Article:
Memorial Day: A Time of Honor and Respect
Our rights and freedoms came at a high price.
By: Kelli Ballard | May 29, 2021 | 490 Words
Memorial Day is a day for Americans to honor and offer respect to the military men and women who gave their lives to protect their country, its people, and our liberties. It is a somber day that reminds us our constitutional rights come at a high price and should never be taken for granted.
Held the last Monday in May, it was first known as Decoration Day and began at the end of the Civil War, which claimed more lives than any other conflict in America’s history. Due to so many deaths, the nation had to create cemeteries for the soldiers. Towns started decorating their lost warriors’ graves in the late 1860s, but Memorial Day didn’t become a federal holiday until 1971. No one knows where the tradition started but the government named Waterloo, New York, as the official place of origin. Waterloo had its first ceremony on May 5, 1866.
On May 5, 1868, General John A. Logan called for remembrance, saying the holiday would be “designated for the purpose of strewing with flowers, or otherwise decorating the graves of comrades who died in defense of their country during the late rebellion, and whose bodies now lie in almost every city, village and hamlet churchyard in the land.”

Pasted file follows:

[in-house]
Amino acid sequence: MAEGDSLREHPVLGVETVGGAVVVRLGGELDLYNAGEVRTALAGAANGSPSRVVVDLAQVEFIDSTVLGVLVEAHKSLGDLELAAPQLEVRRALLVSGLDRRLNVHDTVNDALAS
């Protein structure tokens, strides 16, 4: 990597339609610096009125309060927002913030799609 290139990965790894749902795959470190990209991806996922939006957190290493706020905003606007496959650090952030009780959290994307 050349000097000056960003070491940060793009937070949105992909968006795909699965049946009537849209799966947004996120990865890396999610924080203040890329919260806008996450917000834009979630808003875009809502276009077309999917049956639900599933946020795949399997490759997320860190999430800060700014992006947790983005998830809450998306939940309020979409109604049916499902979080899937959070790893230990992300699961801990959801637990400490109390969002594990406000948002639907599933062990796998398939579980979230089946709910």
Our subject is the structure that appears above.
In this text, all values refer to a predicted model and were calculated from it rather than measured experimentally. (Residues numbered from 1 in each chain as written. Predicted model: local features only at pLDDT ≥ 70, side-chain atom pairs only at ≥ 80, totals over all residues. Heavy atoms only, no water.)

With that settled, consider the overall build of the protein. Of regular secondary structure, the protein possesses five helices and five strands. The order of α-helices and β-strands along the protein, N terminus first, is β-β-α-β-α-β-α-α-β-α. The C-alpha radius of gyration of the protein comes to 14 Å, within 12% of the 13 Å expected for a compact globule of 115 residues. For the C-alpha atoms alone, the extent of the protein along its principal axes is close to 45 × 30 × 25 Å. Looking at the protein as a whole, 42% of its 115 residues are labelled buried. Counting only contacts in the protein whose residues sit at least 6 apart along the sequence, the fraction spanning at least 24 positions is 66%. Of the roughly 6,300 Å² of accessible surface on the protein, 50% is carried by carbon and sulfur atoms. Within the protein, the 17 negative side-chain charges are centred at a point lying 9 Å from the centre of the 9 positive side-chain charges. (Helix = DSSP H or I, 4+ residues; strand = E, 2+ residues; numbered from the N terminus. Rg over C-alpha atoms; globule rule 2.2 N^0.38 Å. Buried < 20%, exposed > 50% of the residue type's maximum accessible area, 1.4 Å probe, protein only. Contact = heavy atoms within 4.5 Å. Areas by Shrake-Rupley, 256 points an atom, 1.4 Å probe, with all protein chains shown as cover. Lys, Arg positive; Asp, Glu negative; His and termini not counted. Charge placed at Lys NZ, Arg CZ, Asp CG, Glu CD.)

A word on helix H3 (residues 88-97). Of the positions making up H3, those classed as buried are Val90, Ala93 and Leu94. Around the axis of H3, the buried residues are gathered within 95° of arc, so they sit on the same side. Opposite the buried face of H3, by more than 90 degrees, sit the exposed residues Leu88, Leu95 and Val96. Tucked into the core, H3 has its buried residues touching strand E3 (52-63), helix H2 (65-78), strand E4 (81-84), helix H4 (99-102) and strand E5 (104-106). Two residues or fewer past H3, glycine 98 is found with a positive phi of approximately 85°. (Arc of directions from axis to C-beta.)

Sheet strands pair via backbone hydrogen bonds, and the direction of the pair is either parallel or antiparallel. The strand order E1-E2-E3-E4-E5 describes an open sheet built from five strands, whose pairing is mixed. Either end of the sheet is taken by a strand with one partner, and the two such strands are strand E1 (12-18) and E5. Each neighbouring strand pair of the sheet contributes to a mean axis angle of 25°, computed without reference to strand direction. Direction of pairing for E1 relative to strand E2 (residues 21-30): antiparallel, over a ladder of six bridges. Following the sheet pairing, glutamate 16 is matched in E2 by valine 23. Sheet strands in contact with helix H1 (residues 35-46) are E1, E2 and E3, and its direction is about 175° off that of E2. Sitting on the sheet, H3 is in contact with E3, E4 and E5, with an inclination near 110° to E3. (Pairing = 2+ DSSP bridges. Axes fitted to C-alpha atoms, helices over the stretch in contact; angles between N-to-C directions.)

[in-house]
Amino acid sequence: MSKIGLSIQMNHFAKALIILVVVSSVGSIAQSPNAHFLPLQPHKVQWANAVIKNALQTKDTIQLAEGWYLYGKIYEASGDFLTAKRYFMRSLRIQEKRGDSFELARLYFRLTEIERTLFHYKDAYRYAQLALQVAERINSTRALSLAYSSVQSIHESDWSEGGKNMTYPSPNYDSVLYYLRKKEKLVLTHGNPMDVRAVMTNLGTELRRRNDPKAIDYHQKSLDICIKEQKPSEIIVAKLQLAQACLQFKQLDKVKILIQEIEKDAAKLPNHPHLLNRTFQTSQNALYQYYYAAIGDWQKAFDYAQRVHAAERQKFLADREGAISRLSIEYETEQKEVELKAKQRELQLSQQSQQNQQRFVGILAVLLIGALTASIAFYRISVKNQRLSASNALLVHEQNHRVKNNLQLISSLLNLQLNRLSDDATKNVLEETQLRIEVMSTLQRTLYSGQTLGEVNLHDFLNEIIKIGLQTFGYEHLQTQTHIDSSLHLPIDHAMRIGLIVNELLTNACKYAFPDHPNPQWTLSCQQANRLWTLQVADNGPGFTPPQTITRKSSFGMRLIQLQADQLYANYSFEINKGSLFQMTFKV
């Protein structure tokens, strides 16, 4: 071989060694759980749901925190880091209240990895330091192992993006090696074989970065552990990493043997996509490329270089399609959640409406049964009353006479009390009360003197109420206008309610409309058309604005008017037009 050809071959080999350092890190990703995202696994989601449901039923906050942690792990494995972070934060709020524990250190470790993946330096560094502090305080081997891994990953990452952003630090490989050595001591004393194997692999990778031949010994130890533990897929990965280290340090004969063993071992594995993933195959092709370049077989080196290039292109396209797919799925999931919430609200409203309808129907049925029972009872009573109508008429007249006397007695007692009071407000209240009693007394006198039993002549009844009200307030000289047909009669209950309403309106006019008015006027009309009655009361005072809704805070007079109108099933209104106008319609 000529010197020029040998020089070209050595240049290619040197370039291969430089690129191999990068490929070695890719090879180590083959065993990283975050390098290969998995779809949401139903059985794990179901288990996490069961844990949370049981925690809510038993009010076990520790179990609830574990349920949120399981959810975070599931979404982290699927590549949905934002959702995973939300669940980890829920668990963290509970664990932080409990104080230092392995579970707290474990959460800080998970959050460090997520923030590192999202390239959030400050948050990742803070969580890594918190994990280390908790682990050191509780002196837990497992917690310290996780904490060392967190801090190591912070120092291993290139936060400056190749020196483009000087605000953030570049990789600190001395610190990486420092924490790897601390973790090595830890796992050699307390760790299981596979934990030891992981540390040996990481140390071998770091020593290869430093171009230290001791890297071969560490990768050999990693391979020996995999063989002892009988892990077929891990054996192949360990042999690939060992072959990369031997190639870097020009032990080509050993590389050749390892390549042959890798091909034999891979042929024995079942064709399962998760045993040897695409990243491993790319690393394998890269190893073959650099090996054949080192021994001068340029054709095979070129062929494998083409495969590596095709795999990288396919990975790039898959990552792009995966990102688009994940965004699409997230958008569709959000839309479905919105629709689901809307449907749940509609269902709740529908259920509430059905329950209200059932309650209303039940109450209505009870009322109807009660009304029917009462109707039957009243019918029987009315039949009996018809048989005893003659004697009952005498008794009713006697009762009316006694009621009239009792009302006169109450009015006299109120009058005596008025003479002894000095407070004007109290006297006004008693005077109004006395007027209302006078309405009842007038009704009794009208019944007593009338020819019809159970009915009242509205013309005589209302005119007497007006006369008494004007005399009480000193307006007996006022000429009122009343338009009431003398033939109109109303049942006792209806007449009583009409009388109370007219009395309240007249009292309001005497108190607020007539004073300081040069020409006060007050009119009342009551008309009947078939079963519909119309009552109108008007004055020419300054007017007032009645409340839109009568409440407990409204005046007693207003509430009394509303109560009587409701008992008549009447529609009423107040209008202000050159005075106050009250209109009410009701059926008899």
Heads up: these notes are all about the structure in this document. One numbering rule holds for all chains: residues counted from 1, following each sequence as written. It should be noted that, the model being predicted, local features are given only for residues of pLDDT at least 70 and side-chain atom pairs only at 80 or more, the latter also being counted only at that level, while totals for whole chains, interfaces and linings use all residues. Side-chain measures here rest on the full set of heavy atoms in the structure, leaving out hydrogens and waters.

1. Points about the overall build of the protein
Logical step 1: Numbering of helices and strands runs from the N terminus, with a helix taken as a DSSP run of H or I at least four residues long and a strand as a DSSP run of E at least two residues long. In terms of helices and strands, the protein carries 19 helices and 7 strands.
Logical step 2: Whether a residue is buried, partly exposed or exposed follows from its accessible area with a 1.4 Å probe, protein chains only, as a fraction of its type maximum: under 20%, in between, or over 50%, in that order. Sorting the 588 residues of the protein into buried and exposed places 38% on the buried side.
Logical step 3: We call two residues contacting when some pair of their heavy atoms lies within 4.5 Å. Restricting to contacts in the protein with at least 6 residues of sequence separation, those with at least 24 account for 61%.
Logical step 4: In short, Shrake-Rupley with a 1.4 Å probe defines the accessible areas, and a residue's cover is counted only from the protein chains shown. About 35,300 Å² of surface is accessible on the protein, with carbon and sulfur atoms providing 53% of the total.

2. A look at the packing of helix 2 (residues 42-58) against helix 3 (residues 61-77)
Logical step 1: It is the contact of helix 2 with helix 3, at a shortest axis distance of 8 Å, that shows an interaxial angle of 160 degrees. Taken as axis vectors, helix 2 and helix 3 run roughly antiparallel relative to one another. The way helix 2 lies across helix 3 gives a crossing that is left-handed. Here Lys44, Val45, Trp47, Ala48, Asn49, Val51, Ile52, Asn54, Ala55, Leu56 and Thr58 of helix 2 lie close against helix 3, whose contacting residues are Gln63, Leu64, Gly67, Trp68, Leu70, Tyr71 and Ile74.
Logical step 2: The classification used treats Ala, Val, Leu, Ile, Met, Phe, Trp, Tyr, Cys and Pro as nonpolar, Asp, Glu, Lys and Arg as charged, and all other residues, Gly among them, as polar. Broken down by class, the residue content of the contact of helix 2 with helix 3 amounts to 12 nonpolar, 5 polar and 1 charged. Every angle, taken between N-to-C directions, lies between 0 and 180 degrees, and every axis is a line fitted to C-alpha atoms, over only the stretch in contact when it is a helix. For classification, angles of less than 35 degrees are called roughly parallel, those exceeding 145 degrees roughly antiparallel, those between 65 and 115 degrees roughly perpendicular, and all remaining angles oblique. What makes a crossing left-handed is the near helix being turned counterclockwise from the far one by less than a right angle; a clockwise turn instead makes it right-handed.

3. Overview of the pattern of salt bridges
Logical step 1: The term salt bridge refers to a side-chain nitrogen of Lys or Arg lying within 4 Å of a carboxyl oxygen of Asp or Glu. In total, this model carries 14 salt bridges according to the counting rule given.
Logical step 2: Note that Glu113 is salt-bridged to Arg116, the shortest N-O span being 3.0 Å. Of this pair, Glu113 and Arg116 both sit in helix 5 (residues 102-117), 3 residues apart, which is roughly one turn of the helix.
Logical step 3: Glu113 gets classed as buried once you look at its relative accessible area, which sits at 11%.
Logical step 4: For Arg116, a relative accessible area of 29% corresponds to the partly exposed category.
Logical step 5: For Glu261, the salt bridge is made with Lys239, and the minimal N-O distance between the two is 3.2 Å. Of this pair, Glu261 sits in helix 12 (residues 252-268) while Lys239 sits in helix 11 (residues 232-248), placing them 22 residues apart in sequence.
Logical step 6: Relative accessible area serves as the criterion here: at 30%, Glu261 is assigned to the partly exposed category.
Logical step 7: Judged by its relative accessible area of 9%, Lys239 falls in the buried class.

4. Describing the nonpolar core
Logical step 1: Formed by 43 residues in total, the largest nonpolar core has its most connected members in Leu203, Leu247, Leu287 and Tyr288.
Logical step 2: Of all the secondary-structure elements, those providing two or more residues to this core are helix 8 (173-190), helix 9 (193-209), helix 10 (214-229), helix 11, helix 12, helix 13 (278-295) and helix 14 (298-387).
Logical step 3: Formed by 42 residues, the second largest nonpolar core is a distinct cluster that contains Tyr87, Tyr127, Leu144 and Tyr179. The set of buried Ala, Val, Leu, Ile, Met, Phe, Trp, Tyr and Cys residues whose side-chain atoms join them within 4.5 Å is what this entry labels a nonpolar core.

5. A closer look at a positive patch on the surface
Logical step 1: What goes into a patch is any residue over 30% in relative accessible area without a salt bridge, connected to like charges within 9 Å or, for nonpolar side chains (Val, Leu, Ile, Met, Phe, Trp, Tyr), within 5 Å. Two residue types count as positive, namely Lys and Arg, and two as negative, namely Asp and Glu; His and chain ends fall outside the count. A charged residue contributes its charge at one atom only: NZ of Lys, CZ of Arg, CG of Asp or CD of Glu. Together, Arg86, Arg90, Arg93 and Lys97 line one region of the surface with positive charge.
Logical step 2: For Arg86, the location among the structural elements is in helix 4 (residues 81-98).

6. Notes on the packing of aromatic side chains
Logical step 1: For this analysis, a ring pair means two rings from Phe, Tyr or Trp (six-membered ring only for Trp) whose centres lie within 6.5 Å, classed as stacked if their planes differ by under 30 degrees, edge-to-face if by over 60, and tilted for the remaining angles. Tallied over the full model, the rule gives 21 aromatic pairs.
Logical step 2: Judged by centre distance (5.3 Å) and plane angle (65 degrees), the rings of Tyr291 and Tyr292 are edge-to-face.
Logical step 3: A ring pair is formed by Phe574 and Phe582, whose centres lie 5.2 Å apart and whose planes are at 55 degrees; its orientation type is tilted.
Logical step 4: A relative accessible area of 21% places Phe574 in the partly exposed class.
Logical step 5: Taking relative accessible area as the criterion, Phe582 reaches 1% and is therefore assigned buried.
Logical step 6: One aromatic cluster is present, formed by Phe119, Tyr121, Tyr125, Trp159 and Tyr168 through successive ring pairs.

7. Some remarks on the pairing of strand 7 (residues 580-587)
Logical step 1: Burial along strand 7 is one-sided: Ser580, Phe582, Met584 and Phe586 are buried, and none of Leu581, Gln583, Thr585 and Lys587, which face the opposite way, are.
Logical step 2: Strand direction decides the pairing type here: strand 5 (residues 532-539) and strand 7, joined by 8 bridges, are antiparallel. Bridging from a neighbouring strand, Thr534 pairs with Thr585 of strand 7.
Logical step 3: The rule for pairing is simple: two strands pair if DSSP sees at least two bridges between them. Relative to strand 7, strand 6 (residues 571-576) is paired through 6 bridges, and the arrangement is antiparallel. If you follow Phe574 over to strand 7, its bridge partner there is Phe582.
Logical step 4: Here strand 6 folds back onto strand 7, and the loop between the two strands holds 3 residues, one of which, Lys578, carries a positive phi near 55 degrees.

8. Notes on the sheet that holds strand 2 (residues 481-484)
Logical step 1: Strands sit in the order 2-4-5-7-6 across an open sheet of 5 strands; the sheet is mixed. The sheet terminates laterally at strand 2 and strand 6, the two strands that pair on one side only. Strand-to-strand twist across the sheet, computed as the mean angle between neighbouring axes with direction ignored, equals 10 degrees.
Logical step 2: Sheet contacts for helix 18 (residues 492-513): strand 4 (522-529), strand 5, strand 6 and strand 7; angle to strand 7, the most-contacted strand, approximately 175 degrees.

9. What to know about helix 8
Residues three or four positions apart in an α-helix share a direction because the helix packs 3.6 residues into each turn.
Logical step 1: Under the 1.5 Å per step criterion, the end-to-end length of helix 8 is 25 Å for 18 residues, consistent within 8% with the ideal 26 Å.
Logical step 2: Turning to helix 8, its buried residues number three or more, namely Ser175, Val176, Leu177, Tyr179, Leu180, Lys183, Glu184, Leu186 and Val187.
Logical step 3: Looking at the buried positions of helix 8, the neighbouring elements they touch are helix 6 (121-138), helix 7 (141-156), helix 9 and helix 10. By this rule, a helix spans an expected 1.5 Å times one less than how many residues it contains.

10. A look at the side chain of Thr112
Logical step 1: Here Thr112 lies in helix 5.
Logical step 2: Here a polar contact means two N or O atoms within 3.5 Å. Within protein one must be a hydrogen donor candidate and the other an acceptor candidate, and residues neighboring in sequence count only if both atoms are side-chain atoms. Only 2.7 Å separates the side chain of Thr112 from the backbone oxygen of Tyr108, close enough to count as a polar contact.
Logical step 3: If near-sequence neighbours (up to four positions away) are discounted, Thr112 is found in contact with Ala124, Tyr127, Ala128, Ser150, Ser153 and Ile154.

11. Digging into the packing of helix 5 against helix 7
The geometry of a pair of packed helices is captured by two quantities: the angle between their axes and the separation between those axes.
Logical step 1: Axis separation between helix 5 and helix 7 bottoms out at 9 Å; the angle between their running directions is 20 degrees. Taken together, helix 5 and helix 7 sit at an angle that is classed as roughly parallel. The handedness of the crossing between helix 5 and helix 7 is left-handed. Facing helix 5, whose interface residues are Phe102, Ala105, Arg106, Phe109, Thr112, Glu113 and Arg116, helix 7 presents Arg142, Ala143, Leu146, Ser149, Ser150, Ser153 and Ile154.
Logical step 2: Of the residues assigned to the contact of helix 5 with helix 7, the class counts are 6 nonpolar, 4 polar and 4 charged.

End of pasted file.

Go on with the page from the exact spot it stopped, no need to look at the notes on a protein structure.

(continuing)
The Red Poppy
Have you ever wondered why the red poppy is seen during Memorial and Veterans Days? The tradition got its start during World War I in Europe. After brutal battles ravaged the land, the field poppy was one of the first plants to reappear. The sight inspired Canadian soldier and physician John McCrae to write the poem “In Flanders Fields” in 1915. Flanders is a region in Belgium where McCrae fought.
Just days before WWI ended, in November 1918, American professor Moina Michael was inspired by McCrae’s poem which led her to write her own, “We Shall Keep the Faith.” In the poem, she mentions honoring the dead by wearing the “poppy red.” She became known as “The Poppy Lady,” and the tradition of wearing a single poppy was born.
Memorial Day Traditions
Memorial Day is usually celebrated with parades and gravesite services to honor and show respect for those who gave their lives in duty to their country. Military graves are decorated with flowers and flags, and people gather to hear stories and service songs.
“In Flanders Fields”
by John McCrae, May 1915
In Flanders fields the poppies blow
Between the crosses, row on row,
That mark our place; and in the sky
The larks, still bravely singing, fly
Scarce heard amid the guns below.
We are the Dead. Short days ago
We lived, felt dawn, saw sunset glow,
Loved and were loved, and now we lie
In Flanders fields.
Take up our quarrel with the foe:
To you from failing hands we throw
The torch; be yours to hold it high.
If ye break faith with us who die
We shall not sleep, though poppies grow
In Flanders fields.